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Maternal Health in Indonesia Looks to the Future

Mothers in developing countries often face the devastating reality of poor maternal health care due to a lack of resources. According to UNICEF, “A woman dies from complications of childbirth every minute – about 529,000 each year – the vast majority of them in developing countries.”  

When children are born unhealthy, it is painful for the parents and taxes their resources. Healthy mothers and healthy children lead to happier, more stable families.

CCF’sMaternal and Child Health program was implemented in one of the poorest and least developed areas of Indonesia. The initiative, supported by the Sky Siegfried Fund, reaches families in the Manggarai District, located on the eastern island of Flores. Many of the affected families live in isolated communities, with little access to health care. 

Mothers in the Manggarai District often give birth at home, assisted by unskilled local birth attendants. This puts them at greater risk of infant or maternal death. The high maternal death rate is attributed to infection, high blood pressure that is left untreated and obstructed labor, among others. CCF is improving deliveries by training 40 birth attendants.  (Another 200 will be trained.) CCF promotes the use of tetanus toxoid shots to the pregnant women to prevent infection during delivery.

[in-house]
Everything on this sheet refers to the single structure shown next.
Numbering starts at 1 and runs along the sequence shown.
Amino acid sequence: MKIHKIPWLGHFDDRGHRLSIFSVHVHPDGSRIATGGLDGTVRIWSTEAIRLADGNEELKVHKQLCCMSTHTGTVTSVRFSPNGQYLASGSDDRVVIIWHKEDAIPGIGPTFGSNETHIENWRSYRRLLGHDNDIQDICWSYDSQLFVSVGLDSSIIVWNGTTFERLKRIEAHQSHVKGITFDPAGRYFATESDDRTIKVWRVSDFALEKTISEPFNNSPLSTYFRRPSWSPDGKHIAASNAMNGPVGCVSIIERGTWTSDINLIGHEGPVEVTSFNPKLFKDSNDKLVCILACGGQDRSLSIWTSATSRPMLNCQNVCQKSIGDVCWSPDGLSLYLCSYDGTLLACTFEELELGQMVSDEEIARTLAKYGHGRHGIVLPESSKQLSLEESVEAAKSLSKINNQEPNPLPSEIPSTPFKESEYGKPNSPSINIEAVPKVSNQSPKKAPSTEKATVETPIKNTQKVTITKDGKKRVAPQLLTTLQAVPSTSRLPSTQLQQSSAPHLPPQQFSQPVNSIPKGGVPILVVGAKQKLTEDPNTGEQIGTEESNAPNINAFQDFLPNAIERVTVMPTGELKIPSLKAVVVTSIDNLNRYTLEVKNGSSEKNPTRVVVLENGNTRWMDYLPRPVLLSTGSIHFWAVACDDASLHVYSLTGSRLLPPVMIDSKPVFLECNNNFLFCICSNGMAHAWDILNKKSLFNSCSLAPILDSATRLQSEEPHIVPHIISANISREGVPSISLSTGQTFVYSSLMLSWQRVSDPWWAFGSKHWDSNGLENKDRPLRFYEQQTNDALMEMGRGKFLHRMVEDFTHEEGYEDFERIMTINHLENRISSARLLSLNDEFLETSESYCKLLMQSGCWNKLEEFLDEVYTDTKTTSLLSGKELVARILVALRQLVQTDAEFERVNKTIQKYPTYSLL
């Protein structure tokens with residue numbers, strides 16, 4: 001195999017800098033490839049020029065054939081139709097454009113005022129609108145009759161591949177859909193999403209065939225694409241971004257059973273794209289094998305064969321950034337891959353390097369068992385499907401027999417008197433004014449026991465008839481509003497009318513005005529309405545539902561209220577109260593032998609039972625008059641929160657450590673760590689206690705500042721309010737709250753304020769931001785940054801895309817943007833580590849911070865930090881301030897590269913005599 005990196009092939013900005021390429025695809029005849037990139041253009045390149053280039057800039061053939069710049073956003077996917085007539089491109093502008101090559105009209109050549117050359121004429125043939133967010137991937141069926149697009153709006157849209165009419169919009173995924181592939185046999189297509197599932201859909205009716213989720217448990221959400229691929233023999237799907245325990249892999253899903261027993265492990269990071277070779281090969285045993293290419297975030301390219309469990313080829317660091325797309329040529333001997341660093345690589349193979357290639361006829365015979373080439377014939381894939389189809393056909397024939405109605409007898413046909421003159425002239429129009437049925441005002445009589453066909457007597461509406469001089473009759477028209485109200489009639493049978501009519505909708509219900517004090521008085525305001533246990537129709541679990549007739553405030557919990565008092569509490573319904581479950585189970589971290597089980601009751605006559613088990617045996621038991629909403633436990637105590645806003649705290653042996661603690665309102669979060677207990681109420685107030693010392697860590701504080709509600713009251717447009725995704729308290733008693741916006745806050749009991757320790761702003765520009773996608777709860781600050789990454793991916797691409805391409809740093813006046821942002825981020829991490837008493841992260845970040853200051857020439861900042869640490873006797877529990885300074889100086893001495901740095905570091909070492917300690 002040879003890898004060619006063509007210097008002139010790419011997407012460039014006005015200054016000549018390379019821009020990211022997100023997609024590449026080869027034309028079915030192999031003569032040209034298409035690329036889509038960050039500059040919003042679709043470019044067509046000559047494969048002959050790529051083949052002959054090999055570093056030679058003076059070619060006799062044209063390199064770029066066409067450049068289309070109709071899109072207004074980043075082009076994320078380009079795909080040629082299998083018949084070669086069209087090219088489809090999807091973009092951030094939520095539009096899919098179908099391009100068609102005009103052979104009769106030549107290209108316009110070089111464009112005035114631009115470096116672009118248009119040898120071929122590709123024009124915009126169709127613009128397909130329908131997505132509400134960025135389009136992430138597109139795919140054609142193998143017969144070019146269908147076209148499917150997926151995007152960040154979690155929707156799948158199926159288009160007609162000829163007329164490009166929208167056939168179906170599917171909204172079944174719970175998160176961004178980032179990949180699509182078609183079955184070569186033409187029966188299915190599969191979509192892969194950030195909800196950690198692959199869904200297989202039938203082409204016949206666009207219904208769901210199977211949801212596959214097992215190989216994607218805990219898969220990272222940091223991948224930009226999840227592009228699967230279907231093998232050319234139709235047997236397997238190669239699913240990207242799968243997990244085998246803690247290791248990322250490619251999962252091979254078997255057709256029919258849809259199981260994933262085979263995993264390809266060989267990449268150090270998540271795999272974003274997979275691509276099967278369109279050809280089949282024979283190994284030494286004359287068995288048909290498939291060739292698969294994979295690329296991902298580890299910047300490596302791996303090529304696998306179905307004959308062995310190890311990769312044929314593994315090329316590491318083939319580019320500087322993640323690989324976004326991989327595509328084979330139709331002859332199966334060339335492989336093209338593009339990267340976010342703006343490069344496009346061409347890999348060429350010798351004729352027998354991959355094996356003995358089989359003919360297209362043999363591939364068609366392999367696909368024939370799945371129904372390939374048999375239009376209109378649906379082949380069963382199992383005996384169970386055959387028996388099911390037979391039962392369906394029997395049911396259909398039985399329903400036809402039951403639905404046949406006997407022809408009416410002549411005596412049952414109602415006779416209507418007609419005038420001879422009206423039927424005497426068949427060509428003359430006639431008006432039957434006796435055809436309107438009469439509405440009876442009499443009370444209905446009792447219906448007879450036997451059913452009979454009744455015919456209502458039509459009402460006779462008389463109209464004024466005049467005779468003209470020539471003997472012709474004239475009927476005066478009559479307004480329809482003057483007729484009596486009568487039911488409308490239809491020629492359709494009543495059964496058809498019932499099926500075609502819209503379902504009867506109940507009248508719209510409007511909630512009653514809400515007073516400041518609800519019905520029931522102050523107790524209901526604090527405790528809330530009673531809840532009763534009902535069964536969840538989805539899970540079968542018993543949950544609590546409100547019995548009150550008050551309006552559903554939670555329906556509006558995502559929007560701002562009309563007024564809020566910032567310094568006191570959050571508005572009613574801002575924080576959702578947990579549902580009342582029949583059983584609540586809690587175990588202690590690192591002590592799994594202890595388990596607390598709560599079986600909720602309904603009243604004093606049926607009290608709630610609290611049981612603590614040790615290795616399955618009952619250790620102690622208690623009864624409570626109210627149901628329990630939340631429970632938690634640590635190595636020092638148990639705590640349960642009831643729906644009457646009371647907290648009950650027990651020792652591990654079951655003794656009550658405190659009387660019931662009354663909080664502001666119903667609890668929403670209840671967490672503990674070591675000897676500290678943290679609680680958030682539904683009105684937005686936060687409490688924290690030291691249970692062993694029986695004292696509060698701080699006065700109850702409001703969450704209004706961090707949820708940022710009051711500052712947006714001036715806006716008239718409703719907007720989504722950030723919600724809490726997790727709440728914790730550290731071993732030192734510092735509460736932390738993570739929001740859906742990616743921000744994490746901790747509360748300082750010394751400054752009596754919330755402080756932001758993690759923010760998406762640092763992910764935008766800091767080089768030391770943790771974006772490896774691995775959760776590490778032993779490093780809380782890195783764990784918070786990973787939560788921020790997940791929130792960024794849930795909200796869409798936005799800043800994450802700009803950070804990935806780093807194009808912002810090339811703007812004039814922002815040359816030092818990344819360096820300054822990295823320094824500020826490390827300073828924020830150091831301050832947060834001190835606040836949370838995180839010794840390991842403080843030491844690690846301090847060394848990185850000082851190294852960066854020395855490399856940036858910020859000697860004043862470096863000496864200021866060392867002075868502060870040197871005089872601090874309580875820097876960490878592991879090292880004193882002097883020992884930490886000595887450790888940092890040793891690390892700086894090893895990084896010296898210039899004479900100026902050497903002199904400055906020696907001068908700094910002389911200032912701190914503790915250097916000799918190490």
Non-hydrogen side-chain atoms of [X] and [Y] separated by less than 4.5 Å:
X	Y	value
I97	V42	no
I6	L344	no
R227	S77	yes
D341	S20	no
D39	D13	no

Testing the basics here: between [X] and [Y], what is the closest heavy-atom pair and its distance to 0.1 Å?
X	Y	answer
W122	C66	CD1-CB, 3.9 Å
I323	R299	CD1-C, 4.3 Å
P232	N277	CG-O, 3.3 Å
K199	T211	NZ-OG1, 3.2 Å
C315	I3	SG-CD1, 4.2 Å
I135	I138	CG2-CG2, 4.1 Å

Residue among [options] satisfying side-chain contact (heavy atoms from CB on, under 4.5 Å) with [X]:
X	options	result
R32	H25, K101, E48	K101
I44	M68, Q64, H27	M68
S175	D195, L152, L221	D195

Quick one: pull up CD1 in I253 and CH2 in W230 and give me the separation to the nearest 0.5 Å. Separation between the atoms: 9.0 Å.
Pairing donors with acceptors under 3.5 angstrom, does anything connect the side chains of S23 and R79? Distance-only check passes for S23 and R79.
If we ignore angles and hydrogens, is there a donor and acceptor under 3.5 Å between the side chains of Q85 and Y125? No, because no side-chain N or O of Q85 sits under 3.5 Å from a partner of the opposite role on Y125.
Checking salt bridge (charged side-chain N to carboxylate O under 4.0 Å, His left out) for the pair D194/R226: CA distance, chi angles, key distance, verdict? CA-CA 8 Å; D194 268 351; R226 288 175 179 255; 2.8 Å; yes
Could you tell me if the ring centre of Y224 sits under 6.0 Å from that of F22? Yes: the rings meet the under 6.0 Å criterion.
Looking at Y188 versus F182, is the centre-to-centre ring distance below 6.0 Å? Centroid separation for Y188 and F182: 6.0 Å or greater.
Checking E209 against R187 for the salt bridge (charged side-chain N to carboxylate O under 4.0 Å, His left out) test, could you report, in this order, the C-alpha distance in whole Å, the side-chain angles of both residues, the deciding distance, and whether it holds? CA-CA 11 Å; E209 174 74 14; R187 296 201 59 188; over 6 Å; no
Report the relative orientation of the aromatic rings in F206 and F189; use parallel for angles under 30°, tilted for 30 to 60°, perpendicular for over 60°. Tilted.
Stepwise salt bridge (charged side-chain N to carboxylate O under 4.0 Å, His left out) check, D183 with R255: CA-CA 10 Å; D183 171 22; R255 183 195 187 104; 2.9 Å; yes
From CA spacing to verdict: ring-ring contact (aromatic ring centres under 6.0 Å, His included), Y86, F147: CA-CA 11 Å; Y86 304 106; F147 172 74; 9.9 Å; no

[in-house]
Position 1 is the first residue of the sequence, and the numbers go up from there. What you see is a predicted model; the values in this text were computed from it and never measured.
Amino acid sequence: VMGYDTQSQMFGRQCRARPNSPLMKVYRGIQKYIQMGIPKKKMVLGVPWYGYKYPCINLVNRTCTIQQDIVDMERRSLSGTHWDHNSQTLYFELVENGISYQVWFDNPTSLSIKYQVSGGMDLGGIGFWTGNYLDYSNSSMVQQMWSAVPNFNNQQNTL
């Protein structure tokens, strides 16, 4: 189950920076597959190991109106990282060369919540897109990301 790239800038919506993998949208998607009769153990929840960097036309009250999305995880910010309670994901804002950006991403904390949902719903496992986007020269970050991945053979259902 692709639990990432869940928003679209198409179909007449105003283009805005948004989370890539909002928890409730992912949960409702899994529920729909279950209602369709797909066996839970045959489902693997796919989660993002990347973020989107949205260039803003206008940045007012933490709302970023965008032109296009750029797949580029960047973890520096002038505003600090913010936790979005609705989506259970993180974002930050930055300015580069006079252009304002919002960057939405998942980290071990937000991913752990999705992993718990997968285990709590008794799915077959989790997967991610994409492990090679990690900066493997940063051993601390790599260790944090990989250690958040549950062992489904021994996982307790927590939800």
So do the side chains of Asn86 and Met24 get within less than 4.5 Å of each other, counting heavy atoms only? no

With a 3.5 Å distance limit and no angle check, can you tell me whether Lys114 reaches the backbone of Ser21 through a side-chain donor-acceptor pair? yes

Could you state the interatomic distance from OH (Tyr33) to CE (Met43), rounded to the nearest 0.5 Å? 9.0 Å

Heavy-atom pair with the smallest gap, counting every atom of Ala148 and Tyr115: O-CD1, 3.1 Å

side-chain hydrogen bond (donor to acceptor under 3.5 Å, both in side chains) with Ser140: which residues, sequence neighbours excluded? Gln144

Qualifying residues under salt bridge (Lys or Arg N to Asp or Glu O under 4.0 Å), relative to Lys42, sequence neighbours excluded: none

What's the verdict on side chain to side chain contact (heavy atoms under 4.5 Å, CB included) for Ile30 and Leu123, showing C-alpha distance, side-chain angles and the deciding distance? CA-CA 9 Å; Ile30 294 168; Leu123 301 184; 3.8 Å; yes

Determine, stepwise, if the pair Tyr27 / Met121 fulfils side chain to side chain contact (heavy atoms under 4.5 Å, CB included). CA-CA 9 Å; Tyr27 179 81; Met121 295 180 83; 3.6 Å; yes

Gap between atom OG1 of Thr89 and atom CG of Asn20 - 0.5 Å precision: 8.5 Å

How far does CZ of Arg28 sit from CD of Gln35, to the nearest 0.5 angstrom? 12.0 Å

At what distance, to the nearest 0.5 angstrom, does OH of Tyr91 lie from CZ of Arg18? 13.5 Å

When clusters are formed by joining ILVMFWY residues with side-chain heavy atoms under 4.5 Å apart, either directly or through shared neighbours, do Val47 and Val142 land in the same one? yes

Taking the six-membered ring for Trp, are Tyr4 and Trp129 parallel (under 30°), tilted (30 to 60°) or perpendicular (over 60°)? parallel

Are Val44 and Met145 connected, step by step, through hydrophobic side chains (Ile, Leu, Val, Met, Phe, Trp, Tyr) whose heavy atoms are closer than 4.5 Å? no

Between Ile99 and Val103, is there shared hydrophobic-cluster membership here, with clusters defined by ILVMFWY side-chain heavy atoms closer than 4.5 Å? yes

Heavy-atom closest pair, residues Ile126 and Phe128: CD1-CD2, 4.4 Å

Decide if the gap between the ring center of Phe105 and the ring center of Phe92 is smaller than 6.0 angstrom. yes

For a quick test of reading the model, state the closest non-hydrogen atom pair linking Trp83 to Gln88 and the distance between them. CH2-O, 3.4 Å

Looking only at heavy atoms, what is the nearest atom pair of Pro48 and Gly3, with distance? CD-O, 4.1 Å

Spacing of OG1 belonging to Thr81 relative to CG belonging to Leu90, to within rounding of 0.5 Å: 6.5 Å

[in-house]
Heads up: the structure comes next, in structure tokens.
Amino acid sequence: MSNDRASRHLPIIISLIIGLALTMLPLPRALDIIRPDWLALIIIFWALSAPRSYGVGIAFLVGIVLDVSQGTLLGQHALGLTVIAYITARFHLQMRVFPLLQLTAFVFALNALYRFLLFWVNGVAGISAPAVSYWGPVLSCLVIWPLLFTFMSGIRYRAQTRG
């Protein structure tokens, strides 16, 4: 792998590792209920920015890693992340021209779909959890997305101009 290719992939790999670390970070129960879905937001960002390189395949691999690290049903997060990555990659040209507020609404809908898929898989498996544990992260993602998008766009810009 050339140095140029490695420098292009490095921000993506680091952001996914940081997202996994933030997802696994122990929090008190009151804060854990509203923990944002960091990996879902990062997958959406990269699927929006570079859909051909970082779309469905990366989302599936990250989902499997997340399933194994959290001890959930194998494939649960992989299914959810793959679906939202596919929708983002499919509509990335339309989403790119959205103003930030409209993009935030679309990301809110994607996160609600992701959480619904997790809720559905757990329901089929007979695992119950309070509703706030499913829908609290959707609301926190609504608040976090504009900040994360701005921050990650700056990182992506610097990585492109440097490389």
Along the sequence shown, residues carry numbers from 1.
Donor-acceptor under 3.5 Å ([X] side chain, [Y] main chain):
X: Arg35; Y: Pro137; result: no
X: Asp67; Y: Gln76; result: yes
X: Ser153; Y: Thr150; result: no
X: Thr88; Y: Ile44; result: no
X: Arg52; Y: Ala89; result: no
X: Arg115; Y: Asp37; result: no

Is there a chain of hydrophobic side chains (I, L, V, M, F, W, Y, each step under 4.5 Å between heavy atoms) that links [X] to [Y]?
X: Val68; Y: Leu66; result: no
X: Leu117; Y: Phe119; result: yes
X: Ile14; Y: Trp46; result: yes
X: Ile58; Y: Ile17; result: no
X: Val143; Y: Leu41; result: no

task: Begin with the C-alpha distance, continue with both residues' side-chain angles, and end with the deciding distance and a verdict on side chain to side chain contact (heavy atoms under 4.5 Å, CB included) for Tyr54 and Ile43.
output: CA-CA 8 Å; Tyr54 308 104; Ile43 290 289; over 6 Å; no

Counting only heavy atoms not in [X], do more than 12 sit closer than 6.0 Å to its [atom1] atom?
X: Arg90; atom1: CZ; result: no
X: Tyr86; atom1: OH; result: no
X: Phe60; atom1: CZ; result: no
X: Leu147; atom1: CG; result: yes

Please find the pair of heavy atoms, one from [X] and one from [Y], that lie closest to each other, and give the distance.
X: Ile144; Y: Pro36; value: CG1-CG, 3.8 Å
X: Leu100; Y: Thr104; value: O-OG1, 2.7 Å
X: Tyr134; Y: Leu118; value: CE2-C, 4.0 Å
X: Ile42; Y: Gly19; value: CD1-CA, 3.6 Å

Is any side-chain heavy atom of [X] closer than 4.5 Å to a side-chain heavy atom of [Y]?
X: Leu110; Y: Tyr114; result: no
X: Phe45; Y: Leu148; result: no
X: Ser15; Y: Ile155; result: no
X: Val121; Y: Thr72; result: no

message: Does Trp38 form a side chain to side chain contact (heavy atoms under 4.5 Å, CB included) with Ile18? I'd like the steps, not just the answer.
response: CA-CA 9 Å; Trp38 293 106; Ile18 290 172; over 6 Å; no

The program has been successful.  Mothers have increased their pre- and postnatal care visits and learned about proper weight gain and taking vitamin supplements. Through home visits by community health volunteers known as "cadres,” mothers are learning how to raise healthy children. CCF recently trained 214 new cadres, including a number of men – a first in these traditional communities.  

Childhood malnutrition presents another challenge in these Indonesian communities. Poverty, lack of proper nutrition and limited access to foods are the primary causes. The cadres also were trained in balanced nutrition. And malnourished children are monitored through monthly weigh-ins, where they receive supplemental food, deworming medications and vitamin A supplements.

As part of this effort, 1,029 youth have been educated in reproductive health and the prevention of sexually transmitted diseases.  According to Russ Vogel, national director of CCF Indonesia, the youth “received information they could not get from their parents or their schools because of cultural taboos.”

These programs are designed to have a long-term impact, especially when working with local clinics to improve facilities.